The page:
A prospective observational cohort study to identify the causes of anaemia and association with outcome in cardiac surgical patients.

Hung, M; Ortmann, E; Besser, M; Martin-Cabrera, P; Richards, T; Ghosh, M; Bottrill, F; Collier, T; Klein, AA; (2014) A prospective observational cohort study to identify the causes of anaemia and association with outcome in cardiac surgical patients. Heart (British Cardiac Society). ISSN 1355-6037 DOI: https://doi.org/10.1136/heartjnl-2014-305856

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OBJECTIVES: Preoperative anaemia is associated with increased morbidity and mortality. We sought to determine the relative frequencies of the different causes of anaemia including absolute and functional iron deficiency, and the association of different haematological parameters, including plasma hepcidin, a key protein responsible for iron regulation, with outcomes after cardiac surgery.<br/> METHODS: Prospective observational study between January 2012 and 2013; 200 anaemic cardiac surgical patients were recruited and 165 were studied. Detailed blood and bone marrow analysis was performed. Primary outcome was days alive and out of hospital.<br/> RESULTS: Mean (SD) haemoglobin (Hb) was 102 (8) g/L for women and 112 (11) g/L for men. Regarding outcomes, 137 (83%) patients were transfused at least one unit of red blood cells; 30-day mortality was 1.8% (three patients). Functional iron deficiency was diagnosed in 78 patients (47%). Plasma hepcidin concentration was the only haematological variable associated with outcome, with mean days alive and out of hospital 2.7 (95% CI 0.4 to 5.1) days less if hepcidin ≥20 ng/mL compared with <20 ng/mL (p=0.024). Multivariable analysis showed that the association between hepcidin and outcome was independent of risk (European System for Cardiac Operative Risk Evaluation), transfusion and Hb.<br/> CONCLUSIONS: Functional iron deficiency was the most common cause of anaemia but was not associated with outcome. The only haematological parameter that was associated with outcome was hepcidin concentration, which is a novel finding and introduces further complexity into our understanding of the role of iron and its regulation by hepcidin. We propose that future research should target patients with elevated hepcidin.<br/>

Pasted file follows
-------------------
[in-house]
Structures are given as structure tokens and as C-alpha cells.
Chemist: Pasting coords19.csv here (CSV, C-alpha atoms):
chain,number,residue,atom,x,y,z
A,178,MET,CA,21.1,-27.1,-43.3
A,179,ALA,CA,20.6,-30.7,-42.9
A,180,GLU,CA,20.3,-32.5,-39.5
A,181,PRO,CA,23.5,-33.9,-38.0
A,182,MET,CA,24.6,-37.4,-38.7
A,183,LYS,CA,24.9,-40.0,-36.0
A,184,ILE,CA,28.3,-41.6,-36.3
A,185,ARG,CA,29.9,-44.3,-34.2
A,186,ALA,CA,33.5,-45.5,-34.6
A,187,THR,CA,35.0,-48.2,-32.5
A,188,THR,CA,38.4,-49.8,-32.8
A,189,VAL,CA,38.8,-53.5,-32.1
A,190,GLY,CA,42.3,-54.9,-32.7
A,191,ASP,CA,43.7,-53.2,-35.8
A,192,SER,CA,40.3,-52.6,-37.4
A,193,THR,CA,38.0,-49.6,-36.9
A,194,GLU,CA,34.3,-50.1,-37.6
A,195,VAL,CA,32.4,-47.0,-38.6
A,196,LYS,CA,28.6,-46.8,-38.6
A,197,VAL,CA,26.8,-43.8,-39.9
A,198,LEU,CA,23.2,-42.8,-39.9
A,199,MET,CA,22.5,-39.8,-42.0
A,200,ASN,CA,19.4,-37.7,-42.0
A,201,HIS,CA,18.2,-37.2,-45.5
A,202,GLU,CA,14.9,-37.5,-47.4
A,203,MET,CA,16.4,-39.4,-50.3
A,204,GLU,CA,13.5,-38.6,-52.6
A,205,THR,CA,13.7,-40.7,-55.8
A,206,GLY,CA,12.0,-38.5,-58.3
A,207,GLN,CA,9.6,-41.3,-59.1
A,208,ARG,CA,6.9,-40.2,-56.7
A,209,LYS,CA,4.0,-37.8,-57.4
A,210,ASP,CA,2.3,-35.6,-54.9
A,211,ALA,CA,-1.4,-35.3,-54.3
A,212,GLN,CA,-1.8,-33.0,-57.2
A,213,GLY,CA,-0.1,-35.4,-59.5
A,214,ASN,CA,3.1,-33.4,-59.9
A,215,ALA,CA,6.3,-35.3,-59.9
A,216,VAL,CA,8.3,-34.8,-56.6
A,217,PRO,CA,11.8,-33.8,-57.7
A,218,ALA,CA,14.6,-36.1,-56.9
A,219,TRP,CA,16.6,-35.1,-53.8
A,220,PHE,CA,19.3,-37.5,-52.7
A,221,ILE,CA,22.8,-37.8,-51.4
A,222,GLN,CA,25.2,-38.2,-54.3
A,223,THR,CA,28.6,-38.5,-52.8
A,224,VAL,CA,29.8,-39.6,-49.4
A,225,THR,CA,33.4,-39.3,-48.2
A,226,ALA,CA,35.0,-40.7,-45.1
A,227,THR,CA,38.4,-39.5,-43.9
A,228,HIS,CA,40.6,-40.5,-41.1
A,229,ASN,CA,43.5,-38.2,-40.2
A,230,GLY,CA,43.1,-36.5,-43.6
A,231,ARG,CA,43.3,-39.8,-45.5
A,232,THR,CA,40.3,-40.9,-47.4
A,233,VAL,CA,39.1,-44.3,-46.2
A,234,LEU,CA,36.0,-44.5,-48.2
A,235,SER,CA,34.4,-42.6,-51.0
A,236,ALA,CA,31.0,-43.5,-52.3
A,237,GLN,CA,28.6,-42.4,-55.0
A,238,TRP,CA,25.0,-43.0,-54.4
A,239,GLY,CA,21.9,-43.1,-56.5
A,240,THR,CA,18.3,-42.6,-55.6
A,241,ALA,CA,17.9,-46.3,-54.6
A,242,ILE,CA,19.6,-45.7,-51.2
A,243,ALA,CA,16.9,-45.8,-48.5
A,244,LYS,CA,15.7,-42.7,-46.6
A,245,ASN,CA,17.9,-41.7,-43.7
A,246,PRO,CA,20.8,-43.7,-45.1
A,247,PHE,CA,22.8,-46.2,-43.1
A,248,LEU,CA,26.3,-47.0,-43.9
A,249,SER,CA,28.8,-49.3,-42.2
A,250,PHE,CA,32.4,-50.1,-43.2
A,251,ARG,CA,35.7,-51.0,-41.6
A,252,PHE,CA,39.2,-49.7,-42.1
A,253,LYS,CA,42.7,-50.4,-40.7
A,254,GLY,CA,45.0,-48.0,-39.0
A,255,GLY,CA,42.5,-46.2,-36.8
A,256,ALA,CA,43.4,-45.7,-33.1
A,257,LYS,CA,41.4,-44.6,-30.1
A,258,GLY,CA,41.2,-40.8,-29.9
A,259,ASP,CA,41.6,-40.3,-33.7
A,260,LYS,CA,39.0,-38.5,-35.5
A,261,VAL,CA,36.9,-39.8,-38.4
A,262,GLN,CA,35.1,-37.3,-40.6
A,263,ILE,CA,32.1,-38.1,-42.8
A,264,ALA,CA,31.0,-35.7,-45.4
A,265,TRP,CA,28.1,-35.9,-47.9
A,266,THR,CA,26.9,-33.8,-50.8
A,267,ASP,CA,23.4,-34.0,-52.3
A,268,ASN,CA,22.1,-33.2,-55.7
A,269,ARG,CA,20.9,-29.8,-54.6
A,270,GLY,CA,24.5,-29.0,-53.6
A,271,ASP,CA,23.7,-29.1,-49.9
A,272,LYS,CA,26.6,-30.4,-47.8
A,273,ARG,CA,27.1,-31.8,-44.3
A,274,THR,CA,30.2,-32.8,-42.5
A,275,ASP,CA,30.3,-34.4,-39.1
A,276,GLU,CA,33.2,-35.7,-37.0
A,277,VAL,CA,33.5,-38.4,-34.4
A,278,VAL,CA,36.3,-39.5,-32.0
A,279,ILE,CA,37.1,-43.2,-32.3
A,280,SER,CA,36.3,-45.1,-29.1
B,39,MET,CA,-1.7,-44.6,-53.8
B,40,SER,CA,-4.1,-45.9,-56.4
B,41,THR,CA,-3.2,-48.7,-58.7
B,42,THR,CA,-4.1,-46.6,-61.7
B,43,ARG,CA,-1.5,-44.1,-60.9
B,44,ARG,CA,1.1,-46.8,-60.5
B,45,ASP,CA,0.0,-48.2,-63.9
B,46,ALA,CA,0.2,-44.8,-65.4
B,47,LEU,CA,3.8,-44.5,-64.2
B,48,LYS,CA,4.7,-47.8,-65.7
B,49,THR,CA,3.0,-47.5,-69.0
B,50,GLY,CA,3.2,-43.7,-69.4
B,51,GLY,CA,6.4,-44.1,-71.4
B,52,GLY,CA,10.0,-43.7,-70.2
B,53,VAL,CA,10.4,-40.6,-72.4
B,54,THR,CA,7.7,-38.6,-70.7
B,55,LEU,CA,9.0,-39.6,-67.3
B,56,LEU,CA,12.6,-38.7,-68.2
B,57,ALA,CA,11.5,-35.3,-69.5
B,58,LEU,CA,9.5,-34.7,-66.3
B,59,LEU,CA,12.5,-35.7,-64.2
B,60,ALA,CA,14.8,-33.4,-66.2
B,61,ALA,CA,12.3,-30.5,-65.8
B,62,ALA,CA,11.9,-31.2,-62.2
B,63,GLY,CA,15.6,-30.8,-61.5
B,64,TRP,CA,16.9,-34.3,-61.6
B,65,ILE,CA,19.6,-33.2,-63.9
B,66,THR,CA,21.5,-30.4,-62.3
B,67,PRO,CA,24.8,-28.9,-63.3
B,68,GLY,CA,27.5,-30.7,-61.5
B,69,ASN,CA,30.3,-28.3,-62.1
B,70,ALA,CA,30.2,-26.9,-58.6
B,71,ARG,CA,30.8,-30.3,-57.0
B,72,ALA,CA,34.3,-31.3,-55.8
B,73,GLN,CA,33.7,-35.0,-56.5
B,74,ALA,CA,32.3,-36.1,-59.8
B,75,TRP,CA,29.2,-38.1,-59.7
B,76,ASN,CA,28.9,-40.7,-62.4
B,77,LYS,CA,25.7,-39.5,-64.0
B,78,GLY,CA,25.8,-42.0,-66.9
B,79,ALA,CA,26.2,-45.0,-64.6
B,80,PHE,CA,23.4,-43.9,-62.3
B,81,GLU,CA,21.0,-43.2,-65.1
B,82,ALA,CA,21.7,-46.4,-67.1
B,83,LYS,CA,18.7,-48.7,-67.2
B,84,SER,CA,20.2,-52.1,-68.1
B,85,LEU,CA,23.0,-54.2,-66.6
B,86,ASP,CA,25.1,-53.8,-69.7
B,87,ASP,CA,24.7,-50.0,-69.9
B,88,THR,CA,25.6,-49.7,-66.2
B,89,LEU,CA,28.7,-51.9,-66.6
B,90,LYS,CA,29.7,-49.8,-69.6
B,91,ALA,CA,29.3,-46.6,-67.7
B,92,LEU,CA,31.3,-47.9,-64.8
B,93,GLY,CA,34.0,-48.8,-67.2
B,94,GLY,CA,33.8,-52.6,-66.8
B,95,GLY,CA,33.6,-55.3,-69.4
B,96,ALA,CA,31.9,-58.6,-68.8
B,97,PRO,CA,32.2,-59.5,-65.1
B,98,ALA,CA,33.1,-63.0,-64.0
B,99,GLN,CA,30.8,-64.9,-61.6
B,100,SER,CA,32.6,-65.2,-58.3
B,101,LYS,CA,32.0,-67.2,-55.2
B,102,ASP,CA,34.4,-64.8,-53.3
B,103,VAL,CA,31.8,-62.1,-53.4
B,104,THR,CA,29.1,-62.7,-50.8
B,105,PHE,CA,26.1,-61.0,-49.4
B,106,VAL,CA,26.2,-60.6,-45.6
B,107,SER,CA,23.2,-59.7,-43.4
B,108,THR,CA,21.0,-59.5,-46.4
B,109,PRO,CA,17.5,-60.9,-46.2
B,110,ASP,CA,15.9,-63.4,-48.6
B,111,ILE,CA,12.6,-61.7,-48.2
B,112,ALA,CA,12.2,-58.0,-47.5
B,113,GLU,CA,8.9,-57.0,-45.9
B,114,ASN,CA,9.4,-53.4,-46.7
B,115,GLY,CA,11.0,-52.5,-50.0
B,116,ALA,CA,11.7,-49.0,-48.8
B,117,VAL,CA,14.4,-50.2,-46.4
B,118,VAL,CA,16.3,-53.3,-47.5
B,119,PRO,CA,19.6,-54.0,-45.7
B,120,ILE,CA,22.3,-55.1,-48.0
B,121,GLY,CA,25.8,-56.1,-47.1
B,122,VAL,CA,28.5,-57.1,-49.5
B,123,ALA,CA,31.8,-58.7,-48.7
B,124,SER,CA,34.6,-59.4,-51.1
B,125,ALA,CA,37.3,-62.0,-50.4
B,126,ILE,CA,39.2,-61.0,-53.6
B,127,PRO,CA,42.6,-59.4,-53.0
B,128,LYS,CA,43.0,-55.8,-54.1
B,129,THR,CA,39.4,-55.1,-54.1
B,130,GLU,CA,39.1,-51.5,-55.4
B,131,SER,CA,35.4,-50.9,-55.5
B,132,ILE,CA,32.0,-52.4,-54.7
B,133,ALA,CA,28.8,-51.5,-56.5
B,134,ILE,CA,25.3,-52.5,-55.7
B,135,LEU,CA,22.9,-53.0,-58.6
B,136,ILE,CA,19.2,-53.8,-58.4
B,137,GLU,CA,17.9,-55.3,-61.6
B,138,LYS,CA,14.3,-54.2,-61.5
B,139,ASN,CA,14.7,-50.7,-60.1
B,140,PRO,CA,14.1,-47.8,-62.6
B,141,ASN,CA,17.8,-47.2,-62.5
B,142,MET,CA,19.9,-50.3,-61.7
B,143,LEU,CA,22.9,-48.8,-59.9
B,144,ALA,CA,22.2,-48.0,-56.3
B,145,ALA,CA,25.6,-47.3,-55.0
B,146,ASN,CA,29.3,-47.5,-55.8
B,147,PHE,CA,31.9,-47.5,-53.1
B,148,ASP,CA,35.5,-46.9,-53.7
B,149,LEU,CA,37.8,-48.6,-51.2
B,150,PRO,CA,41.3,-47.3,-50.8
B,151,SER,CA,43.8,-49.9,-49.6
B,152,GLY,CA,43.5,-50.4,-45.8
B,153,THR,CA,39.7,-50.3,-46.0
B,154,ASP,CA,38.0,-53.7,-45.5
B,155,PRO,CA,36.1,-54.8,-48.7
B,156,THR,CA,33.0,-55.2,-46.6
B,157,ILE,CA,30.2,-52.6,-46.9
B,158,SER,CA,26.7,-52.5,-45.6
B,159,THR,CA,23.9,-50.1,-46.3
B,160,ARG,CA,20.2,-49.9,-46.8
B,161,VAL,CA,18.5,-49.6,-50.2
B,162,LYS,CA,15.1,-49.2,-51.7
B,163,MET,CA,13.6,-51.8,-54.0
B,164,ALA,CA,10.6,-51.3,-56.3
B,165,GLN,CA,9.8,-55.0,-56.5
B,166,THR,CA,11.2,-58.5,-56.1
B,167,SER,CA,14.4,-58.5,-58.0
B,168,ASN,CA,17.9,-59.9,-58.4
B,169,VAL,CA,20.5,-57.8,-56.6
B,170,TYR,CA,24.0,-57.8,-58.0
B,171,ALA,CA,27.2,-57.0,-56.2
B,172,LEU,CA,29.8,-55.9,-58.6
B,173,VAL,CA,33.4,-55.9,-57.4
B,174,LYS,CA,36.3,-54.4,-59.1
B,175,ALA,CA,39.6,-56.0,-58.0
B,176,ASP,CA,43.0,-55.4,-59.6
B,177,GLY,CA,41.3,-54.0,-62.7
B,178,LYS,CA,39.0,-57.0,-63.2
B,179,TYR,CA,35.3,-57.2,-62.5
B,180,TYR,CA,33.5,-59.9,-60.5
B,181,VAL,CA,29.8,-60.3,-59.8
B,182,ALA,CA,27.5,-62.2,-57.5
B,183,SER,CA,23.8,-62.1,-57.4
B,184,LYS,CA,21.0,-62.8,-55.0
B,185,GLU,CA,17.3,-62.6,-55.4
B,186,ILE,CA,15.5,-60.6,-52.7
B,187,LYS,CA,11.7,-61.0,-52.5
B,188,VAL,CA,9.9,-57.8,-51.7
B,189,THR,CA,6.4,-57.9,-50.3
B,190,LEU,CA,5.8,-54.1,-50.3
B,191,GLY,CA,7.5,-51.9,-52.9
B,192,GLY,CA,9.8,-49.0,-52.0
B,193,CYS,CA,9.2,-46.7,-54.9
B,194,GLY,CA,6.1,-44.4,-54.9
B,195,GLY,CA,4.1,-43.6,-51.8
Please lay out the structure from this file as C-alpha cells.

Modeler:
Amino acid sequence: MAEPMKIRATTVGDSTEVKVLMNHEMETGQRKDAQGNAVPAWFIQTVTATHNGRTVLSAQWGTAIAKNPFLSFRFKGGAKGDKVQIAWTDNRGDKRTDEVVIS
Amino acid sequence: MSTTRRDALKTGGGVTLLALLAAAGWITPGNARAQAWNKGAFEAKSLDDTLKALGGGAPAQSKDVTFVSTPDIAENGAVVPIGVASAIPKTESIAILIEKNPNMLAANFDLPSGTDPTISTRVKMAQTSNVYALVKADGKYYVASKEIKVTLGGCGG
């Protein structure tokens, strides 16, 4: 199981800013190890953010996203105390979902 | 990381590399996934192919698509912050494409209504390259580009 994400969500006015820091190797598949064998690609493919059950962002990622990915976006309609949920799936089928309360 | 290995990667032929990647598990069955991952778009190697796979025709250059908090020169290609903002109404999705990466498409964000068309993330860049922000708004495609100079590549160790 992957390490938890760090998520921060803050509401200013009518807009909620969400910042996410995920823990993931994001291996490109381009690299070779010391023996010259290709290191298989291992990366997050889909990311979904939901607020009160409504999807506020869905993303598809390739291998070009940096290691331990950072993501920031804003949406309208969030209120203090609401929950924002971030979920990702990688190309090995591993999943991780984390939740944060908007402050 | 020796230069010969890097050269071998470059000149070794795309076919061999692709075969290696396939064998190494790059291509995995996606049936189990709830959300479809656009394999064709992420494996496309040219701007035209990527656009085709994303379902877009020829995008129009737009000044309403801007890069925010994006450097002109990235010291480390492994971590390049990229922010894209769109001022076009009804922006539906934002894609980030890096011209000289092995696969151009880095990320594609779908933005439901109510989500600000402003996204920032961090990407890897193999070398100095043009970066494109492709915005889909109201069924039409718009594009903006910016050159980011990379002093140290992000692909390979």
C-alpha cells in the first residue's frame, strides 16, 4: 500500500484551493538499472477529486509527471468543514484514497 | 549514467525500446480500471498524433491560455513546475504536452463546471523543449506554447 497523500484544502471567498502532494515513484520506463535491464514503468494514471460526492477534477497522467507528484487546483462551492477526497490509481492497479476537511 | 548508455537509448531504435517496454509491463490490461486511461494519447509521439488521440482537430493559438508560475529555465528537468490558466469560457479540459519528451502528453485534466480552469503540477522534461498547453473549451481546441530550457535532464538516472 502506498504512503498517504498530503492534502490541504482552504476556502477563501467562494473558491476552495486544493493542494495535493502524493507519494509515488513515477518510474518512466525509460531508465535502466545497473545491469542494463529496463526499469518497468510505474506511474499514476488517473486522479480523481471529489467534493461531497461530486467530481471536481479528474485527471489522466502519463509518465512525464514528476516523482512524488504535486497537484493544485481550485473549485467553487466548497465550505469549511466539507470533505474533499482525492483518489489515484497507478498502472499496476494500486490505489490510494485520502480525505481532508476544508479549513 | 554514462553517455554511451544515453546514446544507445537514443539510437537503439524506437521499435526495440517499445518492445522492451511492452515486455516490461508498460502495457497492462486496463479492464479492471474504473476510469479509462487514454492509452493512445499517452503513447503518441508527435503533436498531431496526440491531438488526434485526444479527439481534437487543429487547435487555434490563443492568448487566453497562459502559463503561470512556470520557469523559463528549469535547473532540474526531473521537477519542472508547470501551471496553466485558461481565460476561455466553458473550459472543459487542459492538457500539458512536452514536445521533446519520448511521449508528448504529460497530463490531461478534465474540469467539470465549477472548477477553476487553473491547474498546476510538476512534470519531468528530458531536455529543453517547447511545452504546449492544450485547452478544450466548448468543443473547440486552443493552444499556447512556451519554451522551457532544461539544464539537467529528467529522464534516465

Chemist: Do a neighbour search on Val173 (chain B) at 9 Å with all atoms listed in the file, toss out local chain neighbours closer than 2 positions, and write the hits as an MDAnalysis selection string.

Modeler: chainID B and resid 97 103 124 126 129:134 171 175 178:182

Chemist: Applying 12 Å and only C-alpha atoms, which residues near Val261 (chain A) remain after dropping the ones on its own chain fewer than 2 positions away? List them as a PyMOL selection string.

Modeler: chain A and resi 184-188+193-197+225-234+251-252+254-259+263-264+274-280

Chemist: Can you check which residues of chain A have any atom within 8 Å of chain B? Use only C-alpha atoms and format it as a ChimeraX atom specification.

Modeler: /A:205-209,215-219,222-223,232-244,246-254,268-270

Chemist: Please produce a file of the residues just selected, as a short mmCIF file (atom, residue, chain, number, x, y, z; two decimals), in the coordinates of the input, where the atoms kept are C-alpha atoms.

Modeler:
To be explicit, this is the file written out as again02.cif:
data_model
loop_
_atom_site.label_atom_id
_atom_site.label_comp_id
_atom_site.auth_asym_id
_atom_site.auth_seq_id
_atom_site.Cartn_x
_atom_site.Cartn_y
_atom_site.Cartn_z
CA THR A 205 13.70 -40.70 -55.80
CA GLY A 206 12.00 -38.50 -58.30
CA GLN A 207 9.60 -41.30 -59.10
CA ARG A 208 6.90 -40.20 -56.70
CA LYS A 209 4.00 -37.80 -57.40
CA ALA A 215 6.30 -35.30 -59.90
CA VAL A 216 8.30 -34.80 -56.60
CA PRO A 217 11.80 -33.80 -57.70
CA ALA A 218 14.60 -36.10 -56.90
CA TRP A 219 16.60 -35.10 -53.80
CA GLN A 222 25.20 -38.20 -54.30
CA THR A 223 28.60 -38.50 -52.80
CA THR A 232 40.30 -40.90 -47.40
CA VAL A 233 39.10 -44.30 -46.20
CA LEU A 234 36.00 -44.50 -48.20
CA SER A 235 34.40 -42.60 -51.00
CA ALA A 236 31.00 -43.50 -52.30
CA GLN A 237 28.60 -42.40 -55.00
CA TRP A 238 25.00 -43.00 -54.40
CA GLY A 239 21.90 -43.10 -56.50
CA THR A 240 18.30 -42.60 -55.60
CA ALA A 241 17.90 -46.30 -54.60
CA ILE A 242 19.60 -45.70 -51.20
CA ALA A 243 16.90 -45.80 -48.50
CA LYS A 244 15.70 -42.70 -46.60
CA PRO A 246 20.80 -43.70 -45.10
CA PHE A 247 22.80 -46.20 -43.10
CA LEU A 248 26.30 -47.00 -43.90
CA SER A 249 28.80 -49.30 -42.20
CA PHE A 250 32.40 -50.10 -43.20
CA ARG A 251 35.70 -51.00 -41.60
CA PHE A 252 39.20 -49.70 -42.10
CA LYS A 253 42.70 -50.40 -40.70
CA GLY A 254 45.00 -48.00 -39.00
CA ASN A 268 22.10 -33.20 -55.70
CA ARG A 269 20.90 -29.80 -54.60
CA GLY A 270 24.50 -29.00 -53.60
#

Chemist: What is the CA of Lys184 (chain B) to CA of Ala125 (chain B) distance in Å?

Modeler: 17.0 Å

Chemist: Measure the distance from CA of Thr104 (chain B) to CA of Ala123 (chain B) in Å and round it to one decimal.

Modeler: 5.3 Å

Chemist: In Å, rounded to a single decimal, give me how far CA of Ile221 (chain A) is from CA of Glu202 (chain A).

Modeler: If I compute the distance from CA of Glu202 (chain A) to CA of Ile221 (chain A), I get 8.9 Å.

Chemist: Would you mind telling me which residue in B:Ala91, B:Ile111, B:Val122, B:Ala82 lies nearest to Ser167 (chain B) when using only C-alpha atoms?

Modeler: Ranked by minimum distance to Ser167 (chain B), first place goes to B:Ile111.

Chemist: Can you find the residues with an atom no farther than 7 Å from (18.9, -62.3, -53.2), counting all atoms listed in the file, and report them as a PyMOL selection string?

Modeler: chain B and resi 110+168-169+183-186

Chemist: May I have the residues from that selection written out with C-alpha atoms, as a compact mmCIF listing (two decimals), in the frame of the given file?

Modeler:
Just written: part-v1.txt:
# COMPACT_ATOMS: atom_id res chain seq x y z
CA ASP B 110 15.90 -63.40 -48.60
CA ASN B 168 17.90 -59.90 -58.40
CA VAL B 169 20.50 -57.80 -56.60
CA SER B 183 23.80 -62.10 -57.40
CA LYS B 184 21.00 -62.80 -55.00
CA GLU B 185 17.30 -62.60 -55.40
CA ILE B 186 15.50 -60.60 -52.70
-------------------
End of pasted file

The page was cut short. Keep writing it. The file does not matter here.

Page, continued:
Item Type: Article
Faculty and Department: Faculty of Epidemiology and Population Health > Dept of Medical Statistics
PubMed ID: 25217489
Web of Science ID: 347459800006
URI: http://researchonline.lshtm.ac.uk/id/eprint/1924962


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